Personal autonomy, especially when it comes to decisions about one’s health care, is a pretty fundamental right. However, when individual decisions start to endanger the lives of the community, that autonomy demands a certain degree of restriction.
Specifically, I’m talking about people who choose not to vaccinate themselves, and why they should.
A common rebuttal to the argument that everyone should be required to be vaccinated is that personal decisions to be unvaccinated shouldn’t affect the health of the vaccinated at all. In theory, this is correct. But in practice, it’s a little more complicated.
As effective as vaccines are, there are instances where viruses and pathogens can bypass their defenses. On an individual level, most vaccines are incredibly effective at preventing illness. The measles and mumps vaccines, for example, are 99% and around 85% effective, respectively, according to NPR.
These vaccines usually aren’t at risk of failing.
This changes when people don’t vaccinate their children or choose not to get vaccinated themselves. When infected unvaccinated individuals become symptomatic and contagious, even the vaccinated are at risk.
This occurred with the measles outbreak of December 2014 which, ironically enough, happened in Disneyland. Of the 52 reported cases, six individuals were vaccinated. They just had the misfortune of being around people who weren’t, while also being the unfortunate victims of vaccine failure.
Furthermore, failure to get vaccinated results in a ridiculous financial burden on the Centers for Disease Control and Prevention and state health departments. The Disneyland outbreak cost California $4 million, according to Wired. That isn’t counting the costs Canada and other U.S. states had to pay as a result of infected people traveling home.
To put this in clearer terms, the vaccinated taxpayer is being forced to pay for the rights of anti-vaxxers to become infected with a preventable disease, potentially spread that disease to their friends and family and cost the government millions of dollars.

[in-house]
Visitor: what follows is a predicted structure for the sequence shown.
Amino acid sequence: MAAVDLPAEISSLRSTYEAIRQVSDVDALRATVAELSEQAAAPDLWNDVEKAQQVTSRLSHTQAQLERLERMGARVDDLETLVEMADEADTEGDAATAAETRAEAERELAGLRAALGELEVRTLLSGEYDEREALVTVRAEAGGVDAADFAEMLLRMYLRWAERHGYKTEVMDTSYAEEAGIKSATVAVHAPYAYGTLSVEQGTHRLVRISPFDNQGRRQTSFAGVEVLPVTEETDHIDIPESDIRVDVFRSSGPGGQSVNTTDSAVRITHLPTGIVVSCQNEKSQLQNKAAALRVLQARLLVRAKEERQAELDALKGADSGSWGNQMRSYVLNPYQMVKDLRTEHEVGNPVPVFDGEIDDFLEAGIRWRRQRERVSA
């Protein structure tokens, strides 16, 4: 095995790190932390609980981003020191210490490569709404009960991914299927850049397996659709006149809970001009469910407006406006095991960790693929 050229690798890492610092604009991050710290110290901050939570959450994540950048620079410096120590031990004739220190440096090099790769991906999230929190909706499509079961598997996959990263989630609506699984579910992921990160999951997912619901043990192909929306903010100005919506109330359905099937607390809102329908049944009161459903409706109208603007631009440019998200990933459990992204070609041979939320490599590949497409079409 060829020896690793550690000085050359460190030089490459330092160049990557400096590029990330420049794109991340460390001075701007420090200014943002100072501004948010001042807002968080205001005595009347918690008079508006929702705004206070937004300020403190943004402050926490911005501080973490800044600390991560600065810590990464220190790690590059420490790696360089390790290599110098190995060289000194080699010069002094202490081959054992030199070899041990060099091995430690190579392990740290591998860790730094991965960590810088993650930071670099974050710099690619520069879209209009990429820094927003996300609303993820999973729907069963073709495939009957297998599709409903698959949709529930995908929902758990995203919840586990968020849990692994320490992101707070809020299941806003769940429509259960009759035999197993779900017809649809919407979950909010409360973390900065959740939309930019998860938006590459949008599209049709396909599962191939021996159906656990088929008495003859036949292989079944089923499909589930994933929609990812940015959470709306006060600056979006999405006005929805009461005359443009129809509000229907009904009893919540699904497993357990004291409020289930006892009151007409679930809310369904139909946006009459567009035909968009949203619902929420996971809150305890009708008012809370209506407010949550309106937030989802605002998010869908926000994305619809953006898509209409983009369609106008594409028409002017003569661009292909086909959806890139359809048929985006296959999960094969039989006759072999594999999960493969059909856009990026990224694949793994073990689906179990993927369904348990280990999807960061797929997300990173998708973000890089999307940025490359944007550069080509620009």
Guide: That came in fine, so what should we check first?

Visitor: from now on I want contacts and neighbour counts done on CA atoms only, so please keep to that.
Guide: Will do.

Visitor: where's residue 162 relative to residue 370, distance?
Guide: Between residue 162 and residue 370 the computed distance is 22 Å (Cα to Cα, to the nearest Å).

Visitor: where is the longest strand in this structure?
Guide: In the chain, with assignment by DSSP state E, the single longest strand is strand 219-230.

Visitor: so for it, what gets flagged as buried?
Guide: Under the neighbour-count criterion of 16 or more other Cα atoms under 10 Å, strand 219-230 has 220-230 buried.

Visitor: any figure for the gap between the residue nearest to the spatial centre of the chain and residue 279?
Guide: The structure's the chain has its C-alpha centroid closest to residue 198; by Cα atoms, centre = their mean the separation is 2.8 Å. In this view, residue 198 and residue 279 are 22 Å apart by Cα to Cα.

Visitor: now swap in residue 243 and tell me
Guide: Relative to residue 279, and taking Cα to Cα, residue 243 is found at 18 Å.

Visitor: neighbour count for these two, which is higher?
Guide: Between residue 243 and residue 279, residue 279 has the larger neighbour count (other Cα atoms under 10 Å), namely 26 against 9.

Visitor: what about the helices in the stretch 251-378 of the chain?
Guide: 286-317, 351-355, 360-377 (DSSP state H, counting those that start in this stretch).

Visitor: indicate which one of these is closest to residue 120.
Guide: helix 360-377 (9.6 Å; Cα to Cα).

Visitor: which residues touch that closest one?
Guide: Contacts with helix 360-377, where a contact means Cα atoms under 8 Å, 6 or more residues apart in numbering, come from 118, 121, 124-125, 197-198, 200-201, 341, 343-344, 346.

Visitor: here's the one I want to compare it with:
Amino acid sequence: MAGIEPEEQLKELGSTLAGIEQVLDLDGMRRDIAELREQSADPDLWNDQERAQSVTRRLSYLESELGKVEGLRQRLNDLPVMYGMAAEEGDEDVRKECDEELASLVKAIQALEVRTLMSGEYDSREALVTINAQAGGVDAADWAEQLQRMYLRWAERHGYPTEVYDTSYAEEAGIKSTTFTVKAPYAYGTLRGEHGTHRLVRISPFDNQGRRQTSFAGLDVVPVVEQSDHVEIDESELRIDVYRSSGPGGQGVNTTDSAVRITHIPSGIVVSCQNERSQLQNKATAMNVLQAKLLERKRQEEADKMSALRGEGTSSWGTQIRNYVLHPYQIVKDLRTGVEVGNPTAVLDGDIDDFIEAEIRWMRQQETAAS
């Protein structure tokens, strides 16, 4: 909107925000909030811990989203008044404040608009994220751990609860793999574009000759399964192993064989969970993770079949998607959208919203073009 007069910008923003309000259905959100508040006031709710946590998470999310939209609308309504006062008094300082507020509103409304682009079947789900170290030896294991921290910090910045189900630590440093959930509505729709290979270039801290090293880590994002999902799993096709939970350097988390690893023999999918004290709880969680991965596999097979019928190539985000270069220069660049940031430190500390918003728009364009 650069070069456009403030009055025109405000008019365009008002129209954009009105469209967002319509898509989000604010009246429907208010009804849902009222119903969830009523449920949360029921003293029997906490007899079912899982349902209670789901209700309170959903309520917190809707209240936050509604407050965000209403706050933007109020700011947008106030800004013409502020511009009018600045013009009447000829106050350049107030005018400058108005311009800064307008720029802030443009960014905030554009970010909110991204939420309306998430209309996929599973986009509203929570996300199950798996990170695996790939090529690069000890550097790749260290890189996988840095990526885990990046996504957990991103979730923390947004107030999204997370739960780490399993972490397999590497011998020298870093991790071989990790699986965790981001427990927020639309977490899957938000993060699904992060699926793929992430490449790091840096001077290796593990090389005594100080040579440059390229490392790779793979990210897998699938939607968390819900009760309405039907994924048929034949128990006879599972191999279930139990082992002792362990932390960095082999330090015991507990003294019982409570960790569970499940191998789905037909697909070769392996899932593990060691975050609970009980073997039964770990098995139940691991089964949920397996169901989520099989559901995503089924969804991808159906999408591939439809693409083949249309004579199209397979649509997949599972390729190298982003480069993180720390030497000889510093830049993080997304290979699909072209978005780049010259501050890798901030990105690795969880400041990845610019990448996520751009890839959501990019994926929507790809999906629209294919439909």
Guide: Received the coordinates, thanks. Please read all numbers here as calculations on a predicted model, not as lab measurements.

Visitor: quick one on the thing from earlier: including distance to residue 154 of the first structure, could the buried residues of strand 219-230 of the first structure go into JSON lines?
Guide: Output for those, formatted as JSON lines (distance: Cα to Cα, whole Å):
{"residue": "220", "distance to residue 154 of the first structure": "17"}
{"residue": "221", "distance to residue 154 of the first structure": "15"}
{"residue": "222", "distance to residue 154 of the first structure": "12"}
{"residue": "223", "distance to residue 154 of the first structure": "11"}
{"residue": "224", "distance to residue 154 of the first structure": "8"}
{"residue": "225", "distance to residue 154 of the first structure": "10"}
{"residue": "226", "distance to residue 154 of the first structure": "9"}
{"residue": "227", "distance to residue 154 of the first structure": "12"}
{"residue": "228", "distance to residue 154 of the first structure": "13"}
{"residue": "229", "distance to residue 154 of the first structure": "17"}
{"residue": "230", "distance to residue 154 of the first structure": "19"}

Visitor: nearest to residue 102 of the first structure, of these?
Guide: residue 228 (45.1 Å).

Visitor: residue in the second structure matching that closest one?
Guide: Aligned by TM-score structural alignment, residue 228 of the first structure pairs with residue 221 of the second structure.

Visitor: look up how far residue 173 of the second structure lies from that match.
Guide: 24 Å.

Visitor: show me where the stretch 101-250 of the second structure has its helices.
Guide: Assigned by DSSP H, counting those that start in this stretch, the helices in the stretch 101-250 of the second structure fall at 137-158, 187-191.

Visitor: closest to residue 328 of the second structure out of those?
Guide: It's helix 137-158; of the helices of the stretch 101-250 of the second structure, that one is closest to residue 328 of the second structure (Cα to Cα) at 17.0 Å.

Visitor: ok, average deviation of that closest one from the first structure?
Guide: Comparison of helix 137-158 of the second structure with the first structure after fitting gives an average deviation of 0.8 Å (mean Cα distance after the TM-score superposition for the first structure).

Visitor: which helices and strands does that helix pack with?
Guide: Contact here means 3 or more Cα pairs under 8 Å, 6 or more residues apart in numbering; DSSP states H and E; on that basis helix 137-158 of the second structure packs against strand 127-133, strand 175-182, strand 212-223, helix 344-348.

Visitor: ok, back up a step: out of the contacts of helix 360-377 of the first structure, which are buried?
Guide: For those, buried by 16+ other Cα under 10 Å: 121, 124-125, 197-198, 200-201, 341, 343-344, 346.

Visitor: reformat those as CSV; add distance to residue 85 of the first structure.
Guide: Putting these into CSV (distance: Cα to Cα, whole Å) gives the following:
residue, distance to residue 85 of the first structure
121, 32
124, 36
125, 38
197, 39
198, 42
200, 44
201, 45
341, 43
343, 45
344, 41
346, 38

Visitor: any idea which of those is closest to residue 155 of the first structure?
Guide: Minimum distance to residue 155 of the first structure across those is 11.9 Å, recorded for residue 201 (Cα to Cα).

For any anti-vaxxers reading this who don’t yet feel guilty enough to get vaccinated, consider this: the Food and Drug Administration puts vaccines through three phases of testing and through thousands of volunteers before they’re deemed safe enough to use.
Any negative reactions to vaccines, which are also extremely rare, are monitored through the Vaccine Adverse Event Reporting System, the Vaccine Safety Datalink, Post-Licensure Rapid Immunization Safety Monitoring and the Clinical Immunization Safety Assessment Project, according to the CDC.
Many reputable organizations, doctors, scientists and regulatory agencies put work into ensuring vaccines are safe. In a trial of the Human Papilloma Virus vaccine with 72,835 participants, the only adverse effect that more than 1% of people felt was a slightly elevated body temperature, according to the World Health Organization.
No one in the trial experienced an allergic reaction to the vaccine, but the WHO estimates (they have to estimate when it’s this rare) that the rate is 1.7 cases for every million doses. To put things in comparison, the odds of any person getting into a car crash and dying are one in 103, according to The New York Times.
So at the risk of becoming so paranoid that you preface Tinder dates by asking if your match is vaccinated, be careful out there. And get your damned vaccines.
Eamon Morris PZ ’22 is from Orange, California. If you’re on Tinder, know that he has his vaccines.